In a cave in a wood lives a witch. Not just any witch; this is Angrboda, whose name appears only briefly in the oldest tales from Norse mythology. She’s the mother of three children fathered by Loki: Fenrir, the giant wolf; Jormungand, the Midgard Serpent; and Hel, who will rule over the land of the dead. All three of them have roles to play when the inevitable end of the world, Ragnarok, comes—and it’s not that far away, no matter how badly Angrboda wants to ignore her powers, the god who desires them, and the dire prophecy she would really rather not know.
In The Witch’s Heart, Genevieve Gornichec invents a life for this previously unsung heroine, shaping her mysterious history, her love affair with the notorious trickster, and her relationships with her dramatically different children. It’s a life on the edges of epics; Angrboda hears about more of the gods’ hijinks than she witnesses, and she prefers it that way. She has good reason to avoid Asgard.
The Witch’s Heart begins at a rough point in Angrboda’s very long existence. She had a life before the story picks up, but she doesn’t remember much of it. What she remembers centers her recent past in ugly betrayal. She taught Odin seid, a kind of prophetic magic, but refused to give him access to its deepest secrets. In retaliation, he burned her at the stake not once, but thrice. Escaping, she left behind her heart, which Loki picks up and returns to her.
As far as Norse gods—or giants turned gods—go, Loki enjoyed a decent amount of notoriety even before the Marvel gods had the wisdom to cast Tom Hiddleston to play the sly, clever sometimes-villain. And while Gornichec’s Loki may be blond, it’s still virtually impossible to not hear his dialogue in Hiddleston’s voice. (His first line: “You’re a difficult woman to find.” Tell me you didn’t hear Hiddleston. I wasn’t even trying.)
But this Loki is moody and bored and, disappointingly, rather lacking in charisma. He decides to be friends with Angrboda and appears, irregularly, at her her cave-home on the border of Jotunheim. He brings stories from Asgard, while Angrboda’s other visitor, the huntress Skadi, offers both better company and a more practical kind of assistance as she takes Angrboda’s potions into the world and brings necessities back.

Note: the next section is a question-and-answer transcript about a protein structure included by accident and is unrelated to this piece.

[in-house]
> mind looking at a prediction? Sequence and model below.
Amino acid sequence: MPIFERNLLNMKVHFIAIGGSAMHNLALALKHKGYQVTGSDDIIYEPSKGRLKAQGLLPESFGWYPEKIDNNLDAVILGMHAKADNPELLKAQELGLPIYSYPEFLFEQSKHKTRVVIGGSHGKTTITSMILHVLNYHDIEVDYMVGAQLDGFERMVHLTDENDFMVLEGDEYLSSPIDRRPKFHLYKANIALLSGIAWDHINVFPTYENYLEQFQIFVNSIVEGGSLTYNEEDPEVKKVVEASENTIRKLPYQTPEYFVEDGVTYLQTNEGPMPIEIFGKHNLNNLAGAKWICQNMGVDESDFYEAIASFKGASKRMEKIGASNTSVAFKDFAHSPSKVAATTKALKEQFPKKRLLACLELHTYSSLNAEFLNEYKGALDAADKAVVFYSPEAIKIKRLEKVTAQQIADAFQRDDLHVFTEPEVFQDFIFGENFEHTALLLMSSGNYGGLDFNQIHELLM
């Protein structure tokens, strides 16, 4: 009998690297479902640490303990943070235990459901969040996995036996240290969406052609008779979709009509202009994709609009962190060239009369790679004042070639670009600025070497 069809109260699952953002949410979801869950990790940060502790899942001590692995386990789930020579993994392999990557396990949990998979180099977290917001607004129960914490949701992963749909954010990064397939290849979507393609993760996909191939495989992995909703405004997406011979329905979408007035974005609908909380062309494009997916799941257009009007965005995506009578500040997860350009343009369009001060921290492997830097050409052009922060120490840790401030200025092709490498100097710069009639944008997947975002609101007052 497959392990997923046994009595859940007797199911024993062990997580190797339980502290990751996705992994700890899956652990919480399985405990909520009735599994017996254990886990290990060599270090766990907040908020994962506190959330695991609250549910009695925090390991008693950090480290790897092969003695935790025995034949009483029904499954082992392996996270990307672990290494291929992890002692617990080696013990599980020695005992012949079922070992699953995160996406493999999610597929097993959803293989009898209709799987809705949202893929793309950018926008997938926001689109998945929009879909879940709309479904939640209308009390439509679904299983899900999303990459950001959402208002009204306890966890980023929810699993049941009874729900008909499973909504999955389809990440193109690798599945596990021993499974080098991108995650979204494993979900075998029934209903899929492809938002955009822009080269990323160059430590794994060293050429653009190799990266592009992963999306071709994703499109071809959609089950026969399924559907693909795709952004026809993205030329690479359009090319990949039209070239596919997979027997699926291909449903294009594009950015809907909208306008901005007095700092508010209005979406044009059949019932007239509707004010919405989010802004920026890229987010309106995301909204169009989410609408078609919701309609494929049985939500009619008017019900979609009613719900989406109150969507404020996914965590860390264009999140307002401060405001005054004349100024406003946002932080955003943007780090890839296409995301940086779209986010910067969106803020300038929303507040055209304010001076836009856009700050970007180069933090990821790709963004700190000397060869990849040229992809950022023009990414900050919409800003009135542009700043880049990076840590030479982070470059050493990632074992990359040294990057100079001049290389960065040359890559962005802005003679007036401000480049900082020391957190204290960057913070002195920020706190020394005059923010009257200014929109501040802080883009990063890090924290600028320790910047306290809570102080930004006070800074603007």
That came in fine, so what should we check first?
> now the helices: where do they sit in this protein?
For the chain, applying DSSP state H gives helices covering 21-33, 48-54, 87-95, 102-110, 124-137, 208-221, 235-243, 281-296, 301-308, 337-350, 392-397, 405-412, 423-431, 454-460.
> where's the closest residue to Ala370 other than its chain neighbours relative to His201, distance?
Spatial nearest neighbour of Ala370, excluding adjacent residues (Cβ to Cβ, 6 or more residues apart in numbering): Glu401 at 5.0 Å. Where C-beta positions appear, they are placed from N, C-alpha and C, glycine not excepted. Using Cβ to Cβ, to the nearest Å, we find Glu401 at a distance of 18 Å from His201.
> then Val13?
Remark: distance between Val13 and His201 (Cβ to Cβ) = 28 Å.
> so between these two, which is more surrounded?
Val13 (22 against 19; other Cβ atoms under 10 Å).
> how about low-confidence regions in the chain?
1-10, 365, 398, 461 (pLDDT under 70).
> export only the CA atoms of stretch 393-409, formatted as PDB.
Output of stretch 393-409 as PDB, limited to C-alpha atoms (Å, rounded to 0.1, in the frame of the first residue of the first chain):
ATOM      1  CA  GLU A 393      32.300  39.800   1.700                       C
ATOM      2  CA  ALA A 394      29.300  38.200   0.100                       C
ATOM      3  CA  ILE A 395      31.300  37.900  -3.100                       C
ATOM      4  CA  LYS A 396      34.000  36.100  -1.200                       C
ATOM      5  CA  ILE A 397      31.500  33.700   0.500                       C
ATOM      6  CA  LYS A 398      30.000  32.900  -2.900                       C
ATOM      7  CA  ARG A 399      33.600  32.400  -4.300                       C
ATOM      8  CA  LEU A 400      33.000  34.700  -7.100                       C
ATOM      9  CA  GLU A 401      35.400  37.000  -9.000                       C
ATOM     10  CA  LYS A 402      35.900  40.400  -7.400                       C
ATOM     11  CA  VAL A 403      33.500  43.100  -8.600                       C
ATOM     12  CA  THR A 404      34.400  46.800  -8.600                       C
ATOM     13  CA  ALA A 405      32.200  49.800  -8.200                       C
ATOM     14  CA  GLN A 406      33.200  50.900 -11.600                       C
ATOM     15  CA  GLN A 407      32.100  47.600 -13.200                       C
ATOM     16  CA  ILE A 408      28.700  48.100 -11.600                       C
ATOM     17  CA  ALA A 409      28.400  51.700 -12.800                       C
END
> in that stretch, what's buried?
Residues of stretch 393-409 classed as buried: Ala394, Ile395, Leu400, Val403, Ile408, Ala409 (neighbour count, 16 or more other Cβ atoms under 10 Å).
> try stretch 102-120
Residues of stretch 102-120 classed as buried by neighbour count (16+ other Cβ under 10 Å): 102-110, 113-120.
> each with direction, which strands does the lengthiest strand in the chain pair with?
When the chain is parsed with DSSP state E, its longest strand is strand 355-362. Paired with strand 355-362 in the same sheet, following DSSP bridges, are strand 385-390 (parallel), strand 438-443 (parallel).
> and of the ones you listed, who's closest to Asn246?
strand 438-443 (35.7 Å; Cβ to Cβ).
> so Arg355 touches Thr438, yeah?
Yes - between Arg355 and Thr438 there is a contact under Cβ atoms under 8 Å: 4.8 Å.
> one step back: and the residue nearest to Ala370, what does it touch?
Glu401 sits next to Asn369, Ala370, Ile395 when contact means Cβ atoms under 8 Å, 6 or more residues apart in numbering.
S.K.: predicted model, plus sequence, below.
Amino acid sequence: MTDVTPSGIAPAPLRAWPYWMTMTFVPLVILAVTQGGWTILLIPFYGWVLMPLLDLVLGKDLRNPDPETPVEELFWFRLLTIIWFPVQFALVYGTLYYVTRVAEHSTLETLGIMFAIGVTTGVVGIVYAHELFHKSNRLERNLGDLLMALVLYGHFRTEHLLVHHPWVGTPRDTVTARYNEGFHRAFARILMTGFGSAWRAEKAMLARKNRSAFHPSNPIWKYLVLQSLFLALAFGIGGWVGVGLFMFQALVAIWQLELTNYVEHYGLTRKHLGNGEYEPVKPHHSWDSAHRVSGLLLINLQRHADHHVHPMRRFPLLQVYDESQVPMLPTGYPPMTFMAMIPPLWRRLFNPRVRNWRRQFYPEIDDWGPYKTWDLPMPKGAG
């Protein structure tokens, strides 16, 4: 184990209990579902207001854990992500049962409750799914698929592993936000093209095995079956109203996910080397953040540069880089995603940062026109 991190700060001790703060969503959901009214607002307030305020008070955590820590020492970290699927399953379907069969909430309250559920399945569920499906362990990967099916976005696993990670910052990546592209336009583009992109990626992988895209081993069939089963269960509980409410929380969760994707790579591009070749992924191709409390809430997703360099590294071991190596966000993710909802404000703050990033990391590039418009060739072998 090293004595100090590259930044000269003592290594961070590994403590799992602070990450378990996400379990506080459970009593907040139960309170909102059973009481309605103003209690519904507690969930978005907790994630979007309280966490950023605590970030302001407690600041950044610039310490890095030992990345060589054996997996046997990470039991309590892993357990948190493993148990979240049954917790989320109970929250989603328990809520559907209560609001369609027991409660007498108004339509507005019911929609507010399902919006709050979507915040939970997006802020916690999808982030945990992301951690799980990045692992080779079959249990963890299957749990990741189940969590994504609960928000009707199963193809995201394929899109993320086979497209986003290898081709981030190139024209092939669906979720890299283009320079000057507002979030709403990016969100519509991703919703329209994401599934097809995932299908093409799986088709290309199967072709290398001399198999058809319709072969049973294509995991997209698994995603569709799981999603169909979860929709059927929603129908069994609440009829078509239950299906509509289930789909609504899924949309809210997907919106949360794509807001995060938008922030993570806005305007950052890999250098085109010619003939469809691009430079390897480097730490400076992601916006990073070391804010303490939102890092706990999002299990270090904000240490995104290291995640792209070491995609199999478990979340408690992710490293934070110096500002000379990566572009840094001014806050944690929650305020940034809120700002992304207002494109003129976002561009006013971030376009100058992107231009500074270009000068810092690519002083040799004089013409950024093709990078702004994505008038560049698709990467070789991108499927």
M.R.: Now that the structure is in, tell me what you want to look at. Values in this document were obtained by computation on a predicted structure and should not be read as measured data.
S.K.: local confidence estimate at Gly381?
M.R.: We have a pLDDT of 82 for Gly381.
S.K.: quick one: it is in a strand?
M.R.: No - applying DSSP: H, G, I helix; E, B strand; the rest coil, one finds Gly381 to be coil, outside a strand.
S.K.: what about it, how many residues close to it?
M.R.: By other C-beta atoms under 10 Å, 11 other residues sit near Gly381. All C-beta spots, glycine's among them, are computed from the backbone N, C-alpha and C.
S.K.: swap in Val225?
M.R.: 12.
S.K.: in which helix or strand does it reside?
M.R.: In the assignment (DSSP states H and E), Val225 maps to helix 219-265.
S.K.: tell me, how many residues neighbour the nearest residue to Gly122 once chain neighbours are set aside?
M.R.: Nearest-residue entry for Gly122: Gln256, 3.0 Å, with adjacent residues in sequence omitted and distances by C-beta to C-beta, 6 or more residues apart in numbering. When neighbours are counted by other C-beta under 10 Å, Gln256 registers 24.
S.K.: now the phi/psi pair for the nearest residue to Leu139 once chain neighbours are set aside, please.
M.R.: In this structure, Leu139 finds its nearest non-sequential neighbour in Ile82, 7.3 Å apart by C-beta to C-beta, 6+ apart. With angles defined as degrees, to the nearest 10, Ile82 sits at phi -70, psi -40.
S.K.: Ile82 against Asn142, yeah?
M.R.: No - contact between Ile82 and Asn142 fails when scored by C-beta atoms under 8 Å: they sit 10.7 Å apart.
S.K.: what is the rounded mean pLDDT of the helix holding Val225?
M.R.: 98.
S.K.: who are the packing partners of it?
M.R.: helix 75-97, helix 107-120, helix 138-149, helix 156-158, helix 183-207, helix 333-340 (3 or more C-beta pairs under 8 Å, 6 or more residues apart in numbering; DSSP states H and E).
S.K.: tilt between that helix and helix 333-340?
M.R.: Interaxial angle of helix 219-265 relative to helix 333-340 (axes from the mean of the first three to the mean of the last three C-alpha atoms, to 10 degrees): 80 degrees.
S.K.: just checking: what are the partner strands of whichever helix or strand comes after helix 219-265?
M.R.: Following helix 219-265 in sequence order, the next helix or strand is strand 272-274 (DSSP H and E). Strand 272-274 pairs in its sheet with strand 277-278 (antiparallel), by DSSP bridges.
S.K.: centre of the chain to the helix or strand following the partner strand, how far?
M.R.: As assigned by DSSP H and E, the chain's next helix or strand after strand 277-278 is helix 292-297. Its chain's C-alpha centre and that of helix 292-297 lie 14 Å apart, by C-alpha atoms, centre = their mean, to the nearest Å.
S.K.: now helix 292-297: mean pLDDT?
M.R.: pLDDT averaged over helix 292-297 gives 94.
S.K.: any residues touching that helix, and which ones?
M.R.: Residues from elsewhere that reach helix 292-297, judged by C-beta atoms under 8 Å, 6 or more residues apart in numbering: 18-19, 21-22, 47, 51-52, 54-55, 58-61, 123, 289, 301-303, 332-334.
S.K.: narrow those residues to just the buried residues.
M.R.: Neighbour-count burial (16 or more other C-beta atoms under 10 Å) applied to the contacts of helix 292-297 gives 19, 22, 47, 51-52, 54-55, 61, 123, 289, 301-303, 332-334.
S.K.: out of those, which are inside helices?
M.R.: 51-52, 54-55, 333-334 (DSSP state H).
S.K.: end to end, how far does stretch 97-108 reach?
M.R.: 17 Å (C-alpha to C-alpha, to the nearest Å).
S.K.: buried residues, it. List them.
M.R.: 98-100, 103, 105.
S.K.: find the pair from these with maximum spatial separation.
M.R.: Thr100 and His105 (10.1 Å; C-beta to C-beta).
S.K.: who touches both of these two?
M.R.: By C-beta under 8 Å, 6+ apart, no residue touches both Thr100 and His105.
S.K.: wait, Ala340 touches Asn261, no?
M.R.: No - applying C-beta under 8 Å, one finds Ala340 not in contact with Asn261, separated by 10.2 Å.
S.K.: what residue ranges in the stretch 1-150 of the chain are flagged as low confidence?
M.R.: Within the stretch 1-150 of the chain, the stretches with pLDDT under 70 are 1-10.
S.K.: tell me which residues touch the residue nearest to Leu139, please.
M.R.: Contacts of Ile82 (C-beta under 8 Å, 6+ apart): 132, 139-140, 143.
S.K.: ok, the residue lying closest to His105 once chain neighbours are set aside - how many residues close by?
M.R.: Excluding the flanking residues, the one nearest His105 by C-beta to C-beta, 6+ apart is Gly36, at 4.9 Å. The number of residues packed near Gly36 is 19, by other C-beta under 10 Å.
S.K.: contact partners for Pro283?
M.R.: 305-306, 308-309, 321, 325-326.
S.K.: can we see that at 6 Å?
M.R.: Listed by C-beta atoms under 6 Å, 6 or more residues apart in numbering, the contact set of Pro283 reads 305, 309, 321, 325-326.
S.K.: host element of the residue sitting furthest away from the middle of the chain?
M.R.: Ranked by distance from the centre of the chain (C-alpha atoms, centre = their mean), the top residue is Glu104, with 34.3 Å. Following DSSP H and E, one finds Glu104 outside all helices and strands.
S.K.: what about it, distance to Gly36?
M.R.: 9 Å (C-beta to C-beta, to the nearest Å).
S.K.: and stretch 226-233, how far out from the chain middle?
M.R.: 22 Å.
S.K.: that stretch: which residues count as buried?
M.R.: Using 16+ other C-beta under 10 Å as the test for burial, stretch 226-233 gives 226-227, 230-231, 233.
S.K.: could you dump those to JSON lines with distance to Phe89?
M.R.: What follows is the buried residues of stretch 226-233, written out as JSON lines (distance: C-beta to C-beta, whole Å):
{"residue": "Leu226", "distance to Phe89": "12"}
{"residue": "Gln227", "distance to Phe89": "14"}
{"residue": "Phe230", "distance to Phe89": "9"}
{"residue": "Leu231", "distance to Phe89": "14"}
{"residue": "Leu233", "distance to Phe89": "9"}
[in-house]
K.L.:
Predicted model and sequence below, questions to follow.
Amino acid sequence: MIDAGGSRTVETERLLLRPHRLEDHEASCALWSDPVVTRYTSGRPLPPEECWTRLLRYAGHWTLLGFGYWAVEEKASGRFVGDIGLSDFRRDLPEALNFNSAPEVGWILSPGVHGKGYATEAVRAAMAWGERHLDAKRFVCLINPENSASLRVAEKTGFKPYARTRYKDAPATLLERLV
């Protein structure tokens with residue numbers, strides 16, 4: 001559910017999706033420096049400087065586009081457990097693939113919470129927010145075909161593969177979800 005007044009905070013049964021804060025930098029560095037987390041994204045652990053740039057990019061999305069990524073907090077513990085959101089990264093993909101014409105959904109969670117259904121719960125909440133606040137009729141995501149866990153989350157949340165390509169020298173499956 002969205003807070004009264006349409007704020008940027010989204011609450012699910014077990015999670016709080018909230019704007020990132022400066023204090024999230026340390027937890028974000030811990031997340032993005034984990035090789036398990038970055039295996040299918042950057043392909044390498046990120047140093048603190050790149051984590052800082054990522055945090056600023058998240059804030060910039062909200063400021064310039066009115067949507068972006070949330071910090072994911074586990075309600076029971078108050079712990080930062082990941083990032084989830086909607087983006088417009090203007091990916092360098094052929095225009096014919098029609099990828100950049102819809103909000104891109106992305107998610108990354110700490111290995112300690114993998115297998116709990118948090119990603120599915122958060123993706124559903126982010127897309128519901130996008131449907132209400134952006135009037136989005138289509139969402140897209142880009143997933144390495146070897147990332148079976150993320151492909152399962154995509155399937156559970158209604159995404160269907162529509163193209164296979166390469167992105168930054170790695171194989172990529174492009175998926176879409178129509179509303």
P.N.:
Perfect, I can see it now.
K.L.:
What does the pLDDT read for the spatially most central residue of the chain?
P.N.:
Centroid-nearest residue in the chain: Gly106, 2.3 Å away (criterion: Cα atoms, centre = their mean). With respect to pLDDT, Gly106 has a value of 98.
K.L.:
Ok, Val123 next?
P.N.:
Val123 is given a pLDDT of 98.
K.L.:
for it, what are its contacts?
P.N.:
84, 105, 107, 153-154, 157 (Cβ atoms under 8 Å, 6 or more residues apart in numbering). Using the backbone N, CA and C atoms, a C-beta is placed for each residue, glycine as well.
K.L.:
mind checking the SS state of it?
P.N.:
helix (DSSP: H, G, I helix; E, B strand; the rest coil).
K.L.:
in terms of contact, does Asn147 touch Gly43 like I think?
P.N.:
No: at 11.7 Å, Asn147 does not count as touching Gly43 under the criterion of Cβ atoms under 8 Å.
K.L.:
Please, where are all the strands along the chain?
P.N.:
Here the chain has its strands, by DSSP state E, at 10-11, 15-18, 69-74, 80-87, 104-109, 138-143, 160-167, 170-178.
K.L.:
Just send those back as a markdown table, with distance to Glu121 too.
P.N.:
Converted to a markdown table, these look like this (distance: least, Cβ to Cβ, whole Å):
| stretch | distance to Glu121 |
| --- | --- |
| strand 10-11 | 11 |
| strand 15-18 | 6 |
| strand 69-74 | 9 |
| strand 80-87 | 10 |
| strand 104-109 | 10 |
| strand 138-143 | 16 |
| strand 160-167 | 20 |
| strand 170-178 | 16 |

Eventually Loki shows up with his mouth sewn shut, needing Angrboda’s help. Of course, when he needs to stay there to recover, there is only one bed. Their banter moves slowly but surely into relationship territory, but doesn’t truly kindle until after Loki comes to her after one of his more famous escapades (the one involving a horse). Before long they’re married, and children come next—after a grating sequence where Angrboda gets annoyed by Loki mistaking her pregnancy for weight gain. It’s almost sitcom-like: she curls her lip, he raises his hands in surrender, she snaps, he’s knocked speechless by the realization, a single drop of sweat forming on his forehead. The story Gornichec creates for Angrboda is meaningful, pensive, and powerful, but at times her prose doesn’t quite match up. Her language is simple and straightforward in a way that keeps the narrative in the realm of larger-than-life stories—but it can also leave her characters’ inner lives somewhat opaque.
The tale deepens as it goes on; a dramatic and painful crisis comes at the end of Part I (which is half the book) and the witch has no real choice but to change her life. Her intimate existence ruined, she steps reluctantly back into the world, wandering for a time (with an excellent companion) before facing head-on the prophesied end of the world.
Ragnarok looms over this story: What is fated? What can we control? What can be avoided? There are always loopholes in prophecies, as any Buffy fan knows. As Angrboda makes her way toward the end, there are plenty of scenes to delight fans already familiar with the stories Gornichec is working from—Loki’s torment, the Midgard Serpent rising from the sea, a sweeping final battle—as well as a welcome change to the love life of a giantess-turned-goddess known for her dissatisfaction with her accidentally chosen husband. (You pick a man by just his feet and see how you do.)
The Witch’s Heart is a slow build to a woman’s embrace of her power. Gornichec knows her material (a neat appendix details the characters and what is told about them in the Prose Edda and the Poetic Edda), and knows her heroine. She makes a patient argument that love and motherhood are adventures equal to any god’s shenanigans, and always finds a way to bring her female characters to a truce; more often than not, it’s the whims and foibles of met that set them at odds with each other anyway. Still, it never feels like the reader is brought all the way in to Angrboda’s story, but left just shy of its depths, like the witch hovering above the deep well of her power.
The Witch’s Heart is available from Ace Books.